As University of Glasgow staff will have seen in the latest, festive, edition of Campus News this year, the Communications team have been busy finding out about our first edition of Charles Dickens, A Christmas Carol (Sp Coll 918), published London, by Chapman & Hall, 1843. Last month Kat from Communications came to the Special Collections Department to interview, and film, Dr Matthew Creasy, lecturer in English Literature, as he described the history of the work and its wonderful illustrations.
In the middle of writing his sixth novel, Martin Chuzzlewit, and in a period of financial difficulty, Dickens would write the story that is unquestionably his most beloved work. Published on December 17, 1843, this fable of spiritual renewal received rapturous reviews and became an instant success, with the first 6,000 copies of its initial print-run being sold out by Christmas. Eight stage adaptations were in production within two months of the book’s publication.
Dickens financed the publishing of the book himself, ordering lavish binding, gilt edging, and hand-coloured illustrations by John Leech. He set the price at 5 shillings to make it more affordable but the high production costs resulted in disappointingly low profits despite high sales.
A Christmas Carol is the story of Ebenezer Scrooge, a heartless old miser who undergoes a miraculous rebirth precisely at Christmas, the only time “in the long calendar of the year, when men and women seem by one consent to open up their hearts freely.” Scrooge is visited by a series of ghosts, starting with his old business partner, Jacob Marley. The three spirits which follow, the Ghosts of Christmas Past, Christmas Present and Christmas Yet to Come, show Scrooge how his mean behaviour has affected those around him and also what he has lost through his actions. At the conclusion of the story he is realises that there is still time for him to change his life and he transforms into a benevolent and generous human being. Dickens was involved with charitable causes all through his life and, at this time, he was particularly interested in the plight of impoverished children.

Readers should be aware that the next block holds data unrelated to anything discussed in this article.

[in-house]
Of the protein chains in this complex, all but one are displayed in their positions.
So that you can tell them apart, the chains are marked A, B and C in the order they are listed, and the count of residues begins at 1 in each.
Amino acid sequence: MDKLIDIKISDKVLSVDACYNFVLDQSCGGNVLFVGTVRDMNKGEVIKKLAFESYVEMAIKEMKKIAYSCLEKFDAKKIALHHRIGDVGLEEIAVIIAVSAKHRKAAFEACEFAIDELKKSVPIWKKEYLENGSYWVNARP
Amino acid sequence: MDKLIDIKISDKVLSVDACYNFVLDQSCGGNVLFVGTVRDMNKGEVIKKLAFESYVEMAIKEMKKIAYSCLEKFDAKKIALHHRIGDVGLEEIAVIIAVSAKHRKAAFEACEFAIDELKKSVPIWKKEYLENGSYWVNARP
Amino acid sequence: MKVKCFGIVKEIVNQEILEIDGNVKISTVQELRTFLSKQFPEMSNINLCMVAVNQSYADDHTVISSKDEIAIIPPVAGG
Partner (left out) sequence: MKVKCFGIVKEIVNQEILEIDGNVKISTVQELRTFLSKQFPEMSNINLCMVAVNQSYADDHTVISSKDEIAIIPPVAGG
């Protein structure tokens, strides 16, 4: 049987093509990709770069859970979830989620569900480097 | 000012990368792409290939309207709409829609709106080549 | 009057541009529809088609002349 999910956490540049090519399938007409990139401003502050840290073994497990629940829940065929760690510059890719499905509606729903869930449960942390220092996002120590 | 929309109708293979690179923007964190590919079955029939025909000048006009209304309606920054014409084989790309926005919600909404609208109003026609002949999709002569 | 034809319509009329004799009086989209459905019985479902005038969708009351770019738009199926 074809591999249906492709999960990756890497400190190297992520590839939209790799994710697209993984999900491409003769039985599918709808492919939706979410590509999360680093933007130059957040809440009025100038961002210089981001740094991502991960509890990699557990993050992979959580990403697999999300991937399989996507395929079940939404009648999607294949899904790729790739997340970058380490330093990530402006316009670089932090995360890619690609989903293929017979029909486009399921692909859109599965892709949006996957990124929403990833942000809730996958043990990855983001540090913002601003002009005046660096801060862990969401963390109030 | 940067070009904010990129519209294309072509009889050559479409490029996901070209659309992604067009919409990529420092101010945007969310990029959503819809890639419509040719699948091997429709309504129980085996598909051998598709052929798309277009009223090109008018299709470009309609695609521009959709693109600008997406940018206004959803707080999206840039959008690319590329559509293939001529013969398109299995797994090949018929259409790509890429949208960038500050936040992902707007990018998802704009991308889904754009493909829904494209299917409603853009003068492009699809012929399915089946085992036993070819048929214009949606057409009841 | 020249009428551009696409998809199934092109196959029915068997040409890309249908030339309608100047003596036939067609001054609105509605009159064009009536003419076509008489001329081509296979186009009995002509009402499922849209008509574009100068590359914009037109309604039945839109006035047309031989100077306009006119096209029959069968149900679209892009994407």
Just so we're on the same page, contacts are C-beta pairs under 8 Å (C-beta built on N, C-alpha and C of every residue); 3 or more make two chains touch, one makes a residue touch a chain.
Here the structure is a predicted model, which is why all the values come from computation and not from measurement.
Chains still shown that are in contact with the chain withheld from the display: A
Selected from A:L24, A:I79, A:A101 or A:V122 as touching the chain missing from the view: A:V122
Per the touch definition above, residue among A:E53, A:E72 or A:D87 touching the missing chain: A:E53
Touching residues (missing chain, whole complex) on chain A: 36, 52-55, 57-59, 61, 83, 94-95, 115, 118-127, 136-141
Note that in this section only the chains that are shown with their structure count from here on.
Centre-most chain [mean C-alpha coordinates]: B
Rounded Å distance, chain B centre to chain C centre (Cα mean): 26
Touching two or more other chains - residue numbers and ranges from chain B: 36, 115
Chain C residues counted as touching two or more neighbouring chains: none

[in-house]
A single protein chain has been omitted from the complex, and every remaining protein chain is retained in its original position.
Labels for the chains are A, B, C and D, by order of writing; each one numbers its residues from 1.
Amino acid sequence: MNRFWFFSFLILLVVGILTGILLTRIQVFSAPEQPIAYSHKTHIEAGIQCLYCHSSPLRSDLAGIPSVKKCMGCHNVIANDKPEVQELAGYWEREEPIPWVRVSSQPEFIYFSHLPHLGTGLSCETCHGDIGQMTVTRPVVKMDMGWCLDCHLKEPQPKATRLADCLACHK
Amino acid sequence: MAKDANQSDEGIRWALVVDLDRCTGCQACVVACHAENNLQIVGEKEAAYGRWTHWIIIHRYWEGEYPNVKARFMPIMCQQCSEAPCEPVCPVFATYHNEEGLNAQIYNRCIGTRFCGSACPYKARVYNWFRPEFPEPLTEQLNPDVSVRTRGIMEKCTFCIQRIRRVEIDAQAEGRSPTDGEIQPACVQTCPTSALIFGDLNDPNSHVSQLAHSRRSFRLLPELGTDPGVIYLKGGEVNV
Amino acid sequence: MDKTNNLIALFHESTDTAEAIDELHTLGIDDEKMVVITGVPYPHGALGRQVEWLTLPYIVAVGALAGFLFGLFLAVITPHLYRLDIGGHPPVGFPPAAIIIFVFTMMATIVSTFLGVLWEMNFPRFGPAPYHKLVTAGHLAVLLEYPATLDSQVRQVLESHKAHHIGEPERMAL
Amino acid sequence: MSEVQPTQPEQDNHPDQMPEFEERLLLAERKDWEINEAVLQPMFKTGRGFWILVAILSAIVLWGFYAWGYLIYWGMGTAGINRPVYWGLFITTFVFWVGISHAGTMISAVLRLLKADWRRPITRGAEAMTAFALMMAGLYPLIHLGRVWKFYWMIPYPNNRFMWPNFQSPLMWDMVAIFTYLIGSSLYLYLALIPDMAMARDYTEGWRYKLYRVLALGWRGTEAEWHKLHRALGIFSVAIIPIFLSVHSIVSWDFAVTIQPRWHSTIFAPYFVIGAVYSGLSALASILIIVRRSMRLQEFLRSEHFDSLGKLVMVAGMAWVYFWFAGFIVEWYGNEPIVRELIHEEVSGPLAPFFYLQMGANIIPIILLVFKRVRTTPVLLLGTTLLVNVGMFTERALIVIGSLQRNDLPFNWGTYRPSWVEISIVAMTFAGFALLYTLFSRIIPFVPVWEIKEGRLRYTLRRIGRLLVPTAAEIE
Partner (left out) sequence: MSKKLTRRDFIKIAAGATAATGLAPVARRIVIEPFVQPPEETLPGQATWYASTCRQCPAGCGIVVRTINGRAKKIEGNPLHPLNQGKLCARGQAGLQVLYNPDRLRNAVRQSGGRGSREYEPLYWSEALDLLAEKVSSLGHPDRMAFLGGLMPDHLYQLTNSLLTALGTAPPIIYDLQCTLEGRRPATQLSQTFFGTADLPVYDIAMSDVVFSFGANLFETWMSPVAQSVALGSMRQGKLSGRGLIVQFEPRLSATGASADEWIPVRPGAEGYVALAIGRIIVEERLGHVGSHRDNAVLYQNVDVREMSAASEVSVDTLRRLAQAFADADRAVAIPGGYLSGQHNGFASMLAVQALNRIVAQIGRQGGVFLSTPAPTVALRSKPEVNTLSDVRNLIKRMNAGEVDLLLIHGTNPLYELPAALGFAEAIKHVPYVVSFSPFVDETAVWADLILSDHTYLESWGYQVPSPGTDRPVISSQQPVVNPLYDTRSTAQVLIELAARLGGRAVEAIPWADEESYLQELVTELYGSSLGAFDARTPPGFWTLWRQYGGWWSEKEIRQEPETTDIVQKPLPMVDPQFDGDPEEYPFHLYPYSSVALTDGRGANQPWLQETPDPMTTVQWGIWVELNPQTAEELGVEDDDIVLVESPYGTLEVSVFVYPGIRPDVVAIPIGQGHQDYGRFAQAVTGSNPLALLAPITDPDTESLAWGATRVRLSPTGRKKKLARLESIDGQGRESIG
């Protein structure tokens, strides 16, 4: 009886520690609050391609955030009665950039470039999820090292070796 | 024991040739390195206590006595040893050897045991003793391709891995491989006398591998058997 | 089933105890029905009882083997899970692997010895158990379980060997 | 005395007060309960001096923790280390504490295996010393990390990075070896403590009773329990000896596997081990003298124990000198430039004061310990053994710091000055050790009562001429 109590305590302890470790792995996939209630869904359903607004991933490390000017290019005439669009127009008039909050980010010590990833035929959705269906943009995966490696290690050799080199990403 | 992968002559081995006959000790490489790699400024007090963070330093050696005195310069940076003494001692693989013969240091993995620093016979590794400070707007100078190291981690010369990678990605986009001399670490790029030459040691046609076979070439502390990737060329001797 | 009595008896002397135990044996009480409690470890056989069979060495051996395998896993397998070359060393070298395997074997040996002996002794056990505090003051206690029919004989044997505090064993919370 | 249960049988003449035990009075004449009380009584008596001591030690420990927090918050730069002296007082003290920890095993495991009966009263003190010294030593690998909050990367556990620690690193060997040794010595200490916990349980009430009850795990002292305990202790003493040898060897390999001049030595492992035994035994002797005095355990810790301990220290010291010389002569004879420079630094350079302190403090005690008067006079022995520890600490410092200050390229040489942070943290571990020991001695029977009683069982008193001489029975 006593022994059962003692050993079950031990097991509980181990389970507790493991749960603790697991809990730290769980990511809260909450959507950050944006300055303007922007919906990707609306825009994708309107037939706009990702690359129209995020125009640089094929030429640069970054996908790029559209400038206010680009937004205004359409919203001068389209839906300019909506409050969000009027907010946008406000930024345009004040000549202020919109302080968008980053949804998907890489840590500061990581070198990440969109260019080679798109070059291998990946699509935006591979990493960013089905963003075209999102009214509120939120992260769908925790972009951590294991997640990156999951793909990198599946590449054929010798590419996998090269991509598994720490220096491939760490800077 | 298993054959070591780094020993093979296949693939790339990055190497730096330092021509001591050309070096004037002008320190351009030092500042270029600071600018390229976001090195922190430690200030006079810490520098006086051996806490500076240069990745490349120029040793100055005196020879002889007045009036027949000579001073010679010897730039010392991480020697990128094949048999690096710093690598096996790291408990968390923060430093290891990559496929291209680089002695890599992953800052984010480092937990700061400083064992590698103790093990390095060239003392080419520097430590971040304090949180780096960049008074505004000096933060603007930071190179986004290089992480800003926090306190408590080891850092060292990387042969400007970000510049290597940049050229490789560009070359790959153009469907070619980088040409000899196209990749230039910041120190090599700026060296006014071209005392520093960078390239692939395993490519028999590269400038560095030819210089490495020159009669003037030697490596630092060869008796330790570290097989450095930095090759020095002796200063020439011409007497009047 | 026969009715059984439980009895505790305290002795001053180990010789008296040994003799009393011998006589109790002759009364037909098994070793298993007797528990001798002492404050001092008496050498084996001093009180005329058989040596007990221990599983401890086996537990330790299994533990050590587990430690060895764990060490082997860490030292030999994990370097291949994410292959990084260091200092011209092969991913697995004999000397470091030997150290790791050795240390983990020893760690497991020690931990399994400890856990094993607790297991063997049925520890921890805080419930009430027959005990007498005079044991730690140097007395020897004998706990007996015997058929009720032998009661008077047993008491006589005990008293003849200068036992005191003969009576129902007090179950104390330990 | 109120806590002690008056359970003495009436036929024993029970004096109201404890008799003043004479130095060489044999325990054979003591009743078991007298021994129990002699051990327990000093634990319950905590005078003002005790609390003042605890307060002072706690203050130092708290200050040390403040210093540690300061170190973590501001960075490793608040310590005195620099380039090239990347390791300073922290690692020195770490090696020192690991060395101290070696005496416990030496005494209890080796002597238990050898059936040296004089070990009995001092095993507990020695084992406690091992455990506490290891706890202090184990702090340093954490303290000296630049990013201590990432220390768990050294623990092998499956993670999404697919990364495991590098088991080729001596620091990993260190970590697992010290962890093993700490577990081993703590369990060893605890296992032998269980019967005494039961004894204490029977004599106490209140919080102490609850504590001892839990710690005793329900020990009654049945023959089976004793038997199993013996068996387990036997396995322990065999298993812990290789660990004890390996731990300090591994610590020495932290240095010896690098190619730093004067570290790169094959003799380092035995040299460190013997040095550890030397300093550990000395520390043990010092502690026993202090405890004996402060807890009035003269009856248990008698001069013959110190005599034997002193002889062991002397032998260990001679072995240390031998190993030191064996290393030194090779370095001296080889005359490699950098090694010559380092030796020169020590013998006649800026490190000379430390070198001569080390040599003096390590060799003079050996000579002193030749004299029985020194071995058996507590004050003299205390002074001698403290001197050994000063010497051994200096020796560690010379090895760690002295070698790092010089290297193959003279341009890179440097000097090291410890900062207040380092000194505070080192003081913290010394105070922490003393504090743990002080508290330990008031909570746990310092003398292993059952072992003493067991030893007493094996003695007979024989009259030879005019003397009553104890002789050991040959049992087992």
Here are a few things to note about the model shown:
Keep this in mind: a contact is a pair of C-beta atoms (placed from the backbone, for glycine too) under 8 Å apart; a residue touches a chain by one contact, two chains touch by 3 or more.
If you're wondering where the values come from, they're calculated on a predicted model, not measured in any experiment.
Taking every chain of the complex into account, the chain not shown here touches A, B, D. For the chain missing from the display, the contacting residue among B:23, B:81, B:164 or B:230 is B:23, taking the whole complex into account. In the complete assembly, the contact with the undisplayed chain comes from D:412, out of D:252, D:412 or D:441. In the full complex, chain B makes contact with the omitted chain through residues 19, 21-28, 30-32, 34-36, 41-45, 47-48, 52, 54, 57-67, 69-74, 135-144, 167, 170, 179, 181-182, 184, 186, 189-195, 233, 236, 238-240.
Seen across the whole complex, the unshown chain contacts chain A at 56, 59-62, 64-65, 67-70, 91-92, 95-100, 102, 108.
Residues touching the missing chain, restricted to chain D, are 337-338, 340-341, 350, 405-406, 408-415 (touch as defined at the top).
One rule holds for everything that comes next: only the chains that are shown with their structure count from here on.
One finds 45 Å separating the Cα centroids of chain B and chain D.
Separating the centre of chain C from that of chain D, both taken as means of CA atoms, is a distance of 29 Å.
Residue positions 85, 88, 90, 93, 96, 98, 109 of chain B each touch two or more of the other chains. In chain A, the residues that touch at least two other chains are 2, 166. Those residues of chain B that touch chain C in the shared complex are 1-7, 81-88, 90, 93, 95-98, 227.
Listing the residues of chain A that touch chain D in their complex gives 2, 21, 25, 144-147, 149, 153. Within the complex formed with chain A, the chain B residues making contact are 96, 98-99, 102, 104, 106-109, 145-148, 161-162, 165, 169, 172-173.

The themes of wealth and injustice in the book are clear comments on the inequalities of wealth distribution in Victorian England. Dickens created a new literary genre in the Christmas story, and he went on to write four similar seasonal publications for the Christmas market. Of these, The Chimes most closely resembles the Carol formula in being set on New Year’s Eve and having a crucial supernatural element. The other three (The Cricket on the Hearth, The Battle of Life, and The Haunted Man) all share the Carol’s emphasis on family love and the delights of the home. A Christmas Carol continues to retain its popularity, has never been out of print, and is the most filmed, and TV-adapted of his works.
Charles Dickens, through the voice of Scrooge, continues to urge us to “honour Christmas in our hearts and try to keep it all the year”.
You can also find out what life was like at the University of Glasgow in Dickens’ time in another article in the festive campus news, researched by our trainee Marisol!
Stay tuned on Twitter and Instagram @UofGlasgowASC from today onwards as we count down to Christmas with the #12DaysofDickens. We will be releasing an illustration each day from the First Edition of A Christmas Carol as well as a couple of bonus illustrations from other festive Dickens’ works.
“And it was always said of him, that he knew how to keep Christmas well, if any man alive possessed that knowledge. May that be truly said of us, and all of us!”
Categories: Archives and Special Collections